accommodation that Colon can offer her visitors, we are pleased to find a first-class
hotel nearing completion in this neighbourhood.
The principal needs of the inhabitants seem to be fruit, iced drinks, shiny boots, and
lottery tickets. Amidst the attractive display in the numerous open-fronted fruit-shops
are choice tropical products, some of which we recognize as relations of the expensive
luxuries to be seen in the very superior fruiterers' establishments at home; but in spite
of the aristocratic note struck by pines, avocado pears, and suchlike southern dainties,
the general appearance of the Colon fruit-shops reminds us of a costermonger's barrow,
which has been stocked from Covent Garden by some smart "Bill," who has the showman's gift
for arranging an exhibition. Apple-chains seem to be the favourite means of decoration.
Bananas and plantains, as we are not at all surprised to find, are the commonest of the
products on sale; but the great "hands" of them, that
 are hanging from roofs and walls, are a somewhat novel sight. The peanut stove, which is
so often to be seen on the footpath just outside the fruit-shops, makes us think of the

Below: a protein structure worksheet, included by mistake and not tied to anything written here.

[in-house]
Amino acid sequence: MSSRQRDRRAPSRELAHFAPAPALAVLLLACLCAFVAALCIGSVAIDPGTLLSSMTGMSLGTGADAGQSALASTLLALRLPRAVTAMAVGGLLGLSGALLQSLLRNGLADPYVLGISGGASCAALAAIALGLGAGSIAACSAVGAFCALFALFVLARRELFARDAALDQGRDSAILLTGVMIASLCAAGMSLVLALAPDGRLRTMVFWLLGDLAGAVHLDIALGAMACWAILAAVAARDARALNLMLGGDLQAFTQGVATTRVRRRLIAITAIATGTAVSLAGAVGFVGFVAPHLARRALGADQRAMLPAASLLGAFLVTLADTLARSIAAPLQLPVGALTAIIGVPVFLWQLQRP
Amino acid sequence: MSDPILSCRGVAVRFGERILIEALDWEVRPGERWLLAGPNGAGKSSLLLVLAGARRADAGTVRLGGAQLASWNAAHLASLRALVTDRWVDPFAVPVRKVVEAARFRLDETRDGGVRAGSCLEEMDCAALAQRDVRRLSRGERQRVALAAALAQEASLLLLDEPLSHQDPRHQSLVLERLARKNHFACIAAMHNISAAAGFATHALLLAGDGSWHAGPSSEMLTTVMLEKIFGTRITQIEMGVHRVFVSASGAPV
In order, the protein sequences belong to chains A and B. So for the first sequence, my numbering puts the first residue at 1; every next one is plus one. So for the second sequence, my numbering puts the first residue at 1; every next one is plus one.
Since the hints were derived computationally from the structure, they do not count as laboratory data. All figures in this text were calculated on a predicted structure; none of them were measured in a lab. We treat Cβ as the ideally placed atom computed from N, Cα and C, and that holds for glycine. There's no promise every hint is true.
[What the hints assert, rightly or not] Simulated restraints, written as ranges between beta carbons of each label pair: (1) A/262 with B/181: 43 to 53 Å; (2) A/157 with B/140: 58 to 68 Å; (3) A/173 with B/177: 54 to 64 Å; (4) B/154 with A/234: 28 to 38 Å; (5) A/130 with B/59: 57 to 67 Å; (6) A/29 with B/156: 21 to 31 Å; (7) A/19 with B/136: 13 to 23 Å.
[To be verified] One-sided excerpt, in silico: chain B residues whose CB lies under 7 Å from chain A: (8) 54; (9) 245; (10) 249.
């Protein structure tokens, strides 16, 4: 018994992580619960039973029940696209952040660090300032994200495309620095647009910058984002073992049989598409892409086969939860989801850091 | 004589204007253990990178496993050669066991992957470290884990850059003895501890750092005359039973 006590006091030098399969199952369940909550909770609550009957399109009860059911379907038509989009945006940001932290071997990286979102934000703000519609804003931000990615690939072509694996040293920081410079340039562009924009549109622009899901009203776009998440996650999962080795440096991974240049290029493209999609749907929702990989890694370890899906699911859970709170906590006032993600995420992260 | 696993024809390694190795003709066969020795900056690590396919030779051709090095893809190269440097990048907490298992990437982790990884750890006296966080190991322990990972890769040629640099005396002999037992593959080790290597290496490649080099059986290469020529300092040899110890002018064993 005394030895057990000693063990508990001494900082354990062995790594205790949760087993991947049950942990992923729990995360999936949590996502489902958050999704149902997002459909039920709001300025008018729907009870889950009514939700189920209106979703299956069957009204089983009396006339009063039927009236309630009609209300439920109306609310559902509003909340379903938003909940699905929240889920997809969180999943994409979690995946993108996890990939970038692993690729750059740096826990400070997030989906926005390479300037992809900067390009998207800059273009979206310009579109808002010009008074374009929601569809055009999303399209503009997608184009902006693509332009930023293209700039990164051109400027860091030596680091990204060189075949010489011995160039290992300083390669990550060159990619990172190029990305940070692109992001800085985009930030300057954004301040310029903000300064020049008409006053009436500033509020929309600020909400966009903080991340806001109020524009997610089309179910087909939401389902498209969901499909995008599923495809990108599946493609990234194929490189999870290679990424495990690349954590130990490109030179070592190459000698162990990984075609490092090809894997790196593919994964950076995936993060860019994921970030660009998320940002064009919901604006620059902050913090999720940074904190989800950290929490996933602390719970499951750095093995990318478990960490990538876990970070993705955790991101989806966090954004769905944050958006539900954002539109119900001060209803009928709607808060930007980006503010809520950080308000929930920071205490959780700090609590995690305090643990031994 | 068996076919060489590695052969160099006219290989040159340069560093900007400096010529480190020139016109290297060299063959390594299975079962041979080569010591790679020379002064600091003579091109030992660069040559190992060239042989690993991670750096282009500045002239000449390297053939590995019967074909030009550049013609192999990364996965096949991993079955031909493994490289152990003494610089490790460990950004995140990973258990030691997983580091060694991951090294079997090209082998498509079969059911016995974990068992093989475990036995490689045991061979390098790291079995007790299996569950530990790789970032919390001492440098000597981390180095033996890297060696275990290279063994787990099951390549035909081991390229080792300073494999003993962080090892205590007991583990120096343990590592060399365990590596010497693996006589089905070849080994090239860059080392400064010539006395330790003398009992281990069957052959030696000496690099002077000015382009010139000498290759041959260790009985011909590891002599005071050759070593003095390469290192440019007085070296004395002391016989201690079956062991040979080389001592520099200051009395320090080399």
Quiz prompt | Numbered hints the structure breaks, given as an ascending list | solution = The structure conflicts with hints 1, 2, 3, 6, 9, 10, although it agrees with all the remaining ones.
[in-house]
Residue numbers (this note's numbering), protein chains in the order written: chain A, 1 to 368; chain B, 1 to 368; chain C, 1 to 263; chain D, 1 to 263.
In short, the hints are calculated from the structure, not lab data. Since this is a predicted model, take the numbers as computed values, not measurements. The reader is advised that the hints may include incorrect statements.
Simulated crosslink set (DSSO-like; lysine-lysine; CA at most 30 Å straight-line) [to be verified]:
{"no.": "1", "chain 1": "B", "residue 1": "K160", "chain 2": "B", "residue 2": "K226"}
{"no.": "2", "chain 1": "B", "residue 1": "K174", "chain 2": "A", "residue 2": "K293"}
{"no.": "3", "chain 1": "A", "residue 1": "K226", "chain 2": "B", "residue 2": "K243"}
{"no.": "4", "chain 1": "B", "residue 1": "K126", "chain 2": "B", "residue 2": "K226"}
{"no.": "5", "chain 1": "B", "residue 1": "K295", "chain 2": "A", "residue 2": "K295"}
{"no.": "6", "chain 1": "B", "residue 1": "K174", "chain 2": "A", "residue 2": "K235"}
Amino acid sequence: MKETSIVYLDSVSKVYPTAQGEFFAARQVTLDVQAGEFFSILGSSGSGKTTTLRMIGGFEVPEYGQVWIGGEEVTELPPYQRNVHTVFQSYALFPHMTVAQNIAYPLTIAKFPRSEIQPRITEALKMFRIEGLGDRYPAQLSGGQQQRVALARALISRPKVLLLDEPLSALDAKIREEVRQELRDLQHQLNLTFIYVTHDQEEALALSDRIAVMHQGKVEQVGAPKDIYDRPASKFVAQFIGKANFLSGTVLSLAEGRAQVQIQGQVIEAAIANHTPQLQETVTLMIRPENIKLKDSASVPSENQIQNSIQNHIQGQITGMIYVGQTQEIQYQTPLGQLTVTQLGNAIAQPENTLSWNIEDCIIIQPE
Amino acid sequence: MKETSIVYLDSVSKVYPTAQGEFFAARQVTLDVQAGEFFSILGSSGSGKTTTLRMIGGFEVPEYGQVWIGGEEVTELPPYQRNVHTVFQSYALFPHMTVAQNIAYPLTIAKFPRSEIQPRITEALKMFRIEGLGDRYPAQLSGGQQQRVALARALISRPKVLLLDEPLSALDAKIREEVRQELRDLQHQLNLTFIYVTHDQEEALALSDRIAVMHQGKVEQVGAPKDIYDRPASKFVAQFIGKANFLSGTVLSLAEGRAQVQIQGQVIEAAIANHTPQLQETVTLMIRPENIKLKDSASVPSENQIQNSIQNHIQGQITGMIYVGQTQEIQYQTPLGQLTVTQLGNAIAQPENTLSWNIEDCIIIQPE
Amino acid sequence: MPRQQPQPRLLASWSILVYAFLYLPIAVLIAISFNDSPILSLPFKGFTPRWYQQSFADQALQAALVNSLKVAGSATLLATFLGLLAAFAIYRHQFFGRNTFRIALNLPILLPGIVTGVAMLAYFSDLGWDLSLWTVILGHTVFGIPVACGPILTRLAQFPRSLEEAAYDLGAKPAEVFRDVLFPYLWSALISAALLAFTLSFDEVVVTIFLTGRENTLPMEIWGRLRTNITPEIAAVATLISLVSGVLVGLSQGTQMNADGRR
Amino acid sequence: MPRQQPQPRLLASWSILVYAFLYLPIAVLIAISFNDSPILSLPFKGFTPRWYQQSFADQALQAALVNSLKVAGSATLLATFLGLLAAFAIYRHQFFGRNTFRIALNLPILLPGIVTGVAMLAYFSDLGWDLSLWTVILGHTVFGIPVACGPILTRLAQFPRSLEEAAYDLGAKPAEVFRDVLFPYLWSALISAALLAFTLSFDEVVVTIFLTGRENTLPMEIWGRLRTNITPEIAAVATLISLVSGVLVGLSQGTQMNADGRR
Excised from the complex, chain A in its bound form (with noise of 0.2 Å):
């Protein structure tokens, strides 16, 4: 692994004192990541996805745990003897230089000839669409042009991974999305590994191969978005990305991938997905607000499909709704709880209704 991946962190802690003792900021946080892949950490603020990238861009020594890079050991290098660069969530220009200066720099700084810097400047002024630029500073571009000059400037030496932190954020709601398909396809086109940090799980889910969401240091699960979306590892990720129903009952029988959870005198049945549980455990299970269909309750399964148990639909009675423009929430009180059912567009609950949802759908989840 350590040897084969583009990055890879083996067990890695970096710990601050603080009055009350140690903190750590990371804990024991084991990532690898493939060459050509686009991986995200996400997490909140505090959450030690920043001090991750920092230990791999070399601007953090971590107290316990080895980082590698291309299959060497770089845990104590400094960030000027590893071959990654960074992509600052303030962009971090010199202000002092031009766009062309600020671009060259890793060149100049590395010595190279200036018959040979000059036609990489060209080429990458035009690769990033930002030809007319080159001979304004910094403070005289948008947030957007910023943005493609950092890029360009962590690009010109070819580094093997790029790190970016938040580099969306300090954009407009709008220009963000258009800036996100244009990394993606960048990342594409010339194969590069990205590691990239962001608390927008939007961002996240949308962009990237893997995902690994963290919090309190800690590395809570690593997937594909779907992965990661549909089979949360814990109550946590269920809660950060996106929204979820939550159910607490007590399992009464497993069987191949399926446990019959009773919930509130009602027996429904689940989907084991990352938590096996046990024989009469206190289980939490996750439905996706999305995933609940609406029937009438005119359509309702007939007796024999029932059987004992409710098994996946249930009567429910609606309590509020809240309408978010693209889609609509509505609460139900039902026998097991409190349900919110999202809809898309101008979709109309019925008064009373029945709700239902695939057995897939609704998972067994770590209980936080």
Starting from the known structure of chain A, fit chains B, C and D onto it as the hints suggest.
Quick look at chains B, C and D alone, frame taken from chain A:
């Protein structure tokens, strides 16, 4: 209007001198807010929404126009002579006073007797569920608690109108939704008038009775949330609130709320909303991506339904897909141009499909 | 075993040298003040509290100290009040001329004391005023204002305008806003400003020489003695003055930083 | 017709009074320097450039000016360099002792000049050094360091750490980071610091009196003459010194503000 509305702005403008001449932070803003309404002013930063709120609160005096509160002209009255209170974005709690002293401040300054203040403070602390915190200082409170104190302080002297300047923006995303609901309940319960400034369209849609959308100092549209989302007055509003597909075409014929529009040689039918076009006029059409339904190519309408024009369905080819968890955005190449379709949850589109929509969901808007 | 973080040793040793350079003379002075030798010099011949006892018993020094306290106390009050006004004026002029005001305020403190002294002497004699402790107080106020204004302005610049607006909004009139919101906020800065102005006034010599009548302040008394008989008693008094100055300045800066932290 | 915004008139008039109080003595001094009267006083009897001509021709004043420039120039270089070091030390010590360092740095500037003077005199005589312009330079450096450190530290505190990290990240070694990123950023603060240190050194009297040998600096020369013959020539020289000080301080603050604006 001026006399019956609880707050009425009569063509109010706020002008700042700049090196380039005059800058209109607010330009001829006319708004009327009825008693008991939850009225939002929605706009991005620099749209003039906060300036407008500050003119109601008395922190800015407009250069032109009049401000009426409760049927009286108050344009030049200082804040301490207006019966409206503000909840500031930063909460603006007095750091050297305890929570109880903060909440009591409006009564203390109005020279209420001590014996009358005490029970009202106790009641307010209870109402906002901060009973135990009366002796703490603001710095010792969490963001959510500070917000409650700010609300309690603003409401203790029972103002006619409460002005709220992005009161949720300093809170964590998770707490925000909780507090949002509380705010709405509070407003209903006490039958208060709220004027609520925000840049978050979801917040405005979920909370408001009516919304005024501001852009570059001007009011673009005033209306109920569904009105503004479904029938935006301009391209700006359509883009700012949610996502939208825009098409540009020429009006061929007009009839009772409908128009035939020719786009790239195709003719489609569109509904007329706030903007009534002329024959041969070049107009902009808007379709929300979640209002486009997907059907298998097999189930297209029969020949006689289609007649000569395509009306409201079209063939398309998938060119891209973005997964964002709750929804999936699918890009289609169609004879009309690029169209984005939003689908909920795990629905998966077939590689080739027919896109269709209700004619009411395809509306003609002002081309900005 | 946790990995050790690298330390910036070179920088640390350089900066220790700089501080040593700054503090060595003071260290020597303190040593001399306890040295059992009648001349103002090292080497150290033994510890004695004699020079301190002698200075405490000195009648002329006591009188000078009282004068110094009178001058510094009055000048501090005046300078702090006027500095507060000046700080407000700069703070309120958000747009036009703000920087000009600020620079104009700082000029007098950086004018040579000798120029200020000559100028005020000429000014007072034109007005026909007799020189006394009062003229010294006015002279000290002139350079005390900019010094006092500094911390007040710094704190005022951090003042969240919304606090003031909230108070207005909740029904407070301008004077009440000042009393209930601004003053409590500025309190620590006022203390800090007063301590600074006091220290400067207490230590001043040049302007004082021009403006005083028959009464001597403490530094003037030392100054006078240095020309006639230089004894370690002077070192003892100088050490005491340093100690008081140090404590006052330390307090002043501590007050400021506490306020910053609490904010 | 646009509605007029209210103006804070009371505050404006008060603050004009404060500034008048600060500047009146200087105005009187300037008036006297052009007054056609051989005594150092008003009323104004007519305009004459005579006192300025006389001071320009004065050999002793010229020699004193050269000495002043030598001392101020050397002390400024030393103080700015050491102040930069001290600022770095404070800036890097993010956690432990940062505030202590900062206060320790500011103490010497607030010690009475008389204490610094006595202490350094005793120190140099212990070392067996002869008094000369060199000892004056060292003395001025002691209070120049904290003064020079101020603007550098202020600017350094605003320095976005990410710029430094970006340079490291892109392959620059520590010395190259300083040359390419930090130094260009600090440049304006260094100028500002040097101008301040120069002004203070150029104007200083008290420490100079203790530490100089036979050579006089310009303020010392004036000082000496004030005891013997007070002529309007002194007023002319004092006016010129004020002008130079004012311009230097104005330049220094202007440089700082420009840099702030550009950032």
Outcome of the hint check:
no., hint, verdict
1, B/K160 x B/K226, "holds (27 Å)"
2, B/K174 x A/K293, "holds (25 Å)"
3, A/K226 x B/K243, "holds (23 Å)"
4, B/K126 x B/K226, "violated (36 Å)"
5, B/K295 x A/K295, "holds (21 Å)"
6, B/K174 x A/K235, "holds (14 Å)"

familiar street scene at home, which is provided by the roast-chestnut seller. The whistle
of the peanut stove, as it lets off steam, is quite a musical street cry.
The swinging of many a wicket gives us peep after peep into well-patronized bars, which
are gaily adorned with flags and furnished cafe-fashion with little tables. Hawkers
compete with the bars for the custom of the thirsty populace. The brightly painted
handcarts which they take about the streets are of the kind commonly used by Italian
vendors of ice-cream. These travelling bars are equipped with a few glasses, a bucket of
water, a dishcloth, and numerous bottles containing very highly coloured liquids. The
mottoes which straggle above the shelves suggest that the Panamanians have not a very keen
sense of humour—as, for instance, "We trust in God." The barrow bearing this device
reminds me of the native cook at a planter's bungalow in Malay, who wrote in letters of
icing, "Prepare to meet thy God" on the cake which he made as a Christmas present for his